The Tucannon River is hemmed in by steep hillsides as it spills out of the Blue Mountains and toward the Snake River.
But over the decades, people have further constricted its path. Roads, levees, campgrounds and artificial lakes have narrowed its wandering course, forcing the river to run straight and cut downward instead of spreading out and weaving back and forth across the Wooten Wildlife Area.
The straight-jacket effect of human infrastructure has harmed fish habitat and contributed to rising water temperatures in the river, which is home to threatened spring chinook, steelhead and bull trout. Nature also has taken a toll on the eight man-made lakes there. Built in the 1950s to provide recreational fishing in the lake-poor region, many of the ponds have silted in and require expensive management. Weeds and warm water temperatures have harmed fishing, and some of the lakes are in danger of losing the ability to support trout and fishing.
The Washington Department of Fish and Wildlife is proposing a makeover of sorts for the river and the lakes. The W.T. Wooten Floodplain Management Plan envisions unleashing the river by making the lakes deeper and skinnier – essentially scrunching them against the steep slopes of the foothills. A few campgrounds could be relocated and sections of the road moved.
Doing that would allow the river to meander across the flood plain. In theory, it would become more diverse, with pools and braided channels.
The floodplain would become more of a sponge and hold onto its water longer.
“By kind of spreading the river out, instead of having an incised channel, we will bring the water table up,” said Kari Dingman, assistant manager of the Blue Mountains Wildlife Area Complex.
The lakes are fed by the river. Glen Mendel, district fisheries biologist for the Washington Department of Fish and Wildlife, said excavating the lakes and making them deeper could tie them into springs and groundwater sources with cooler temperatures, making them more friendly to fish and fishermen. It would also help the department fix problems with small dams that created the lakes and have since been tagged as problematic by the Department of Ecology.
The flood management plan is conceptual so far, Mendel said. The department is seeking about $1.8 million to conduct a feasibility study and could ask for a total of $16 million over six years to implement the plan. There is some urgency. Mendel said many of the lakes need considerable attention.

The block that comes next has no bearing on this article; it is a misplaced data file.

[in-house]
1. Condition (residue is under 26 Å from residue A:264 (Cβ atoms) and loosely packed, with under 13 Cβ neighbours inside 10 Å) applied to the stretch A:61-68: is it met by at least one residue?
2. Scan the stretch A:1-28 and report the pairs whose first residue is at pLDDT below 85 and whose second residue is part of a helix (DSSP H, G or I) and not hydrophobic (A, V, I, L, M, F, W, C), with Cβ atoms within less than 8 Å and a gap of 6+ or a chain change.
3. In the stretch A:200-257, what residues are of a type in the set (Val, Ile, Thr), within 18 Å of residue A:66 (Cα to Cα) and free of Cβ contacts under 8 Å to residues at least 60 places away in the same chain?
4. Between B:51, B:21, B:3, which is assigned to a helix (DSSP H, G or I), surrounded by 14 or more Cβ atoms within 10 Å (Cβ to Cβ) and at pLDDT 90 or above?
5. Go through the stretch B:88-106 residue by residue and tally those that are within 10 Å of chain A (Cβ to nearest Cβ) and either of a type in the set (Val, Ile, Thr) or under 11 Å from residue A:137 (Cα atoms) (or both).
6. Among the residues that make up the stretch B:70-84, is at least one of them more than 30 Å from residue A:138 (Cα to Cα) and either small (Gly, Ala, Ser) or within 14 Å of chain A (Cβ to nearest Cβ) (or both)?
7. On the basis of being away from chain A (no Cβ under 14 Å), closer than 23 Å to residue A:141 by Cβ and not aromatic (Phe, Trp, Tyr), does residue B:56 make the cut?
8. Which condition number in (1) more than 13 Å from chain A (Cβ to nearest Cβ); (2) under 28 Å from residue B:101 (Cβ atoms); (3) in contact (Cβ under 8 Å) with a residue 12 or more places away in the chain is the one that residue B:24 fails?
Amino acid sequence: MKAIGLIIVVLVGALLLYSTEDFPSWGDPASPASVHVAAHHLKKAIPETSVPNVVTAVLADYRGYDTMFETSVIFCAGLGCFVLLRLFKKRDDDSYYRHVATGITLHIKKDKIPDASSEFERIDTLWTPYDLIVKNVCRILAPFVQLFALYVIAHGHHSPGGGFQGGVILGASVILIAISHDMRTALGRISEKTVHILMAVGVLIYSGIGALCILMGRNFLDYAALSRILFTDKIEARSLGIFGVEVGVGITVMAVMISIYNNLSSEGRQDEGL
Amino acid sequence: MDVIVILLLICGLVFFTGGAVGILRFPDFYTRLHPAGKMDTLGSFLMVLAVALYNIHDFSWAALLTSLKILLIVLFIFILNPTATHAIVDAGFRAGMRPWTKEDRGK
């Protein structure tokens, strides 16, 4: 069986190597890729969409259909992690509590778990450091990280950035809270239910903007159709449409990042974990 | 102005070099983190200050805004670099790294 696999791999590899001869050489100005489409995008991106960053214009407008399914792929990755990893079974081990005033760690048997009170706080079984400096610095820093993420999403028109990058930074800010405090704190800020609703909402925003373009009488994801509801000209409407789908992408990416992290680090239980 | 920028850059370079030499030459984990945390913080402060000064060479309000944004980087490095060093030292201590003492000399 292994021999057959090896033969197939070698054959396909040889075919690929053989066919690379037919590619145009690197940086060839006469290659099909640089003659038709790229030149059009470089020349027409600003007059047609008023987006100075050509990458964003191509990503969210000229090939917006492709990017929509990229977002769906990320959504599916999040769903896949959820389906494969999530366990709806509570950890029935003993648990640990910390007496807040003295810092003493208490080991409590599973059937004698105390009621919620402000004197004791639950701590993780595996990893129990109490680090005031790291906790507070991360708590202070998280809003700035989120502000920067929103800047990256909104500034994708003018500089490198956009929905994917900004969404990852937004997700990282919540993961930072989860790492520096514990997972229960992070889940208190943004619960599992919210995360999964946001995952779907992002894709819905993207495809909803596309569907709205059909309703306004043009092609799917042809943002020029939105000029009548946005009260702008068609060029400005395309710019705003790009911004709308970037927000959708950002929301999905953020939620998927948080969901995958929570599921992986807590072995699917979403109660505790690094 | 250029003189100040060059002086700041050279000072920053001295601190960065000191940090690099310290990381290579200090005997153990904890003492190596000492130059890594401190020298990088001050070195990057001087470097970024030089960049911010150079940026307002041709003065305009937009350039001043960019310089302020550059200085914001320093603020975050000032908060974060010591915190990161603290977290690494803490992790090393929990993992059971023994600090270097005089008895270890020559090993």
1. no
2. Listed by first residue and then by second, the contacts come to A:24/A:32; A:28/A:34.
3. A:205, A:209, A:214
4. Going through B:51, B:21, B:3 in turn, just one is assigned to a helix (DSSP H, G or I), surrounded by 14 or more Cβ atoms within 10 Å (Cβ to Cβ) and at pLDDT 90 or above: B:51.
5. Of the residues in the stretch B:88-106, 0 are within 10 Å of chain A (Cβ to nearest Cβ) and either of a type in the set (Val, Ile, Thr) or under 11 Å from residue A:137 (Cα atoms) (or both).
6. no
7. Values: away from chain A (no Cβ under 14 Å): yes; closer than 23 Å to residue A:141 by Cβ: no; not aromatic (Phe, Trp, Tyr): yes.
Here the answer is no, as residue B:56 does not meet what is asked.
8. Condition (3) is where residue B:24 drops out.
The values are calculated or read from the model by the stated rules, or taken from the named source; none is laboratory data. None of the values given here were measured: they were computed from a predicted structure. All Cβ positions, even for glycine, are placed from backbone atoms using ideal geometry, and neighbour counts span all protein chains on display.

“We are in the position where we are going to have to close some of these lakes in the next few years if we don’t get them repaired,” he said. “We are already starting to reduce trout stocking in some of the lakes because of reduced carrying capacity.”
A lot of money already is being spent in the Tucannon basin to improve habitat for spring chinook and steelhead. Steve Martin of the Snake River Salmon Recovery Board at Dayton, Wash., said the federal government’s salmon recovery strategy looks to improve salmon and steelhead habitat in tributaries like the Tucannon to compensate for the harm caused by the four lower Snake River dams. The Bonneville Power Administration has committed to spending about $1.2 million a year to that effort.
Projects have included placing large logs and boulders in the river to create pools. Both Martin and Mendel said BPA’s commitment presents an opportunity for the state and federal government to join in improving salmon and steelhead habitat and also making lakes better for anglers.
“If we can make those babies long and skinny and deep, it complements our salmon recovery effort,” he said. “The Tucannon is really under a spotlight right now with big expectations and high hopes in terms of salmon recovery.”
WDFW surveys indicate the lakes, through fishing, generate about $1 million to $2 million of spending in local economies, attracting anglers from regional towns and beyond.
Jim MacArthur, owner of the Last Resort KOA along the Tucannon, said fishing tails off as temperatures rise in July and August. “They just tend to heat up, which contributes to plant growth and weed growth, which makes it a little harder to fish, plus the warm water makes the fish more lethargic,” he said. “Those lakes just need to be deeper.”
Under the plan, Big Lake 4, which is reserved for fly fishing, would be converted into a wetland. Mendel said another lake would likely be devoted to fly fishing. But he said losing the lake would not be much of a loss regardless. Big Lake 4 rarely gets fished because it’s in such bad shape and it has such bad access.
Mendel also said a long-term goal of the work is to make the river a better fishing destination with fully restored populations of steelhead, spring chinook, bull trout and resident rainbows.
“We think there is all kinds of opportunity for better fishing in the future,” he said.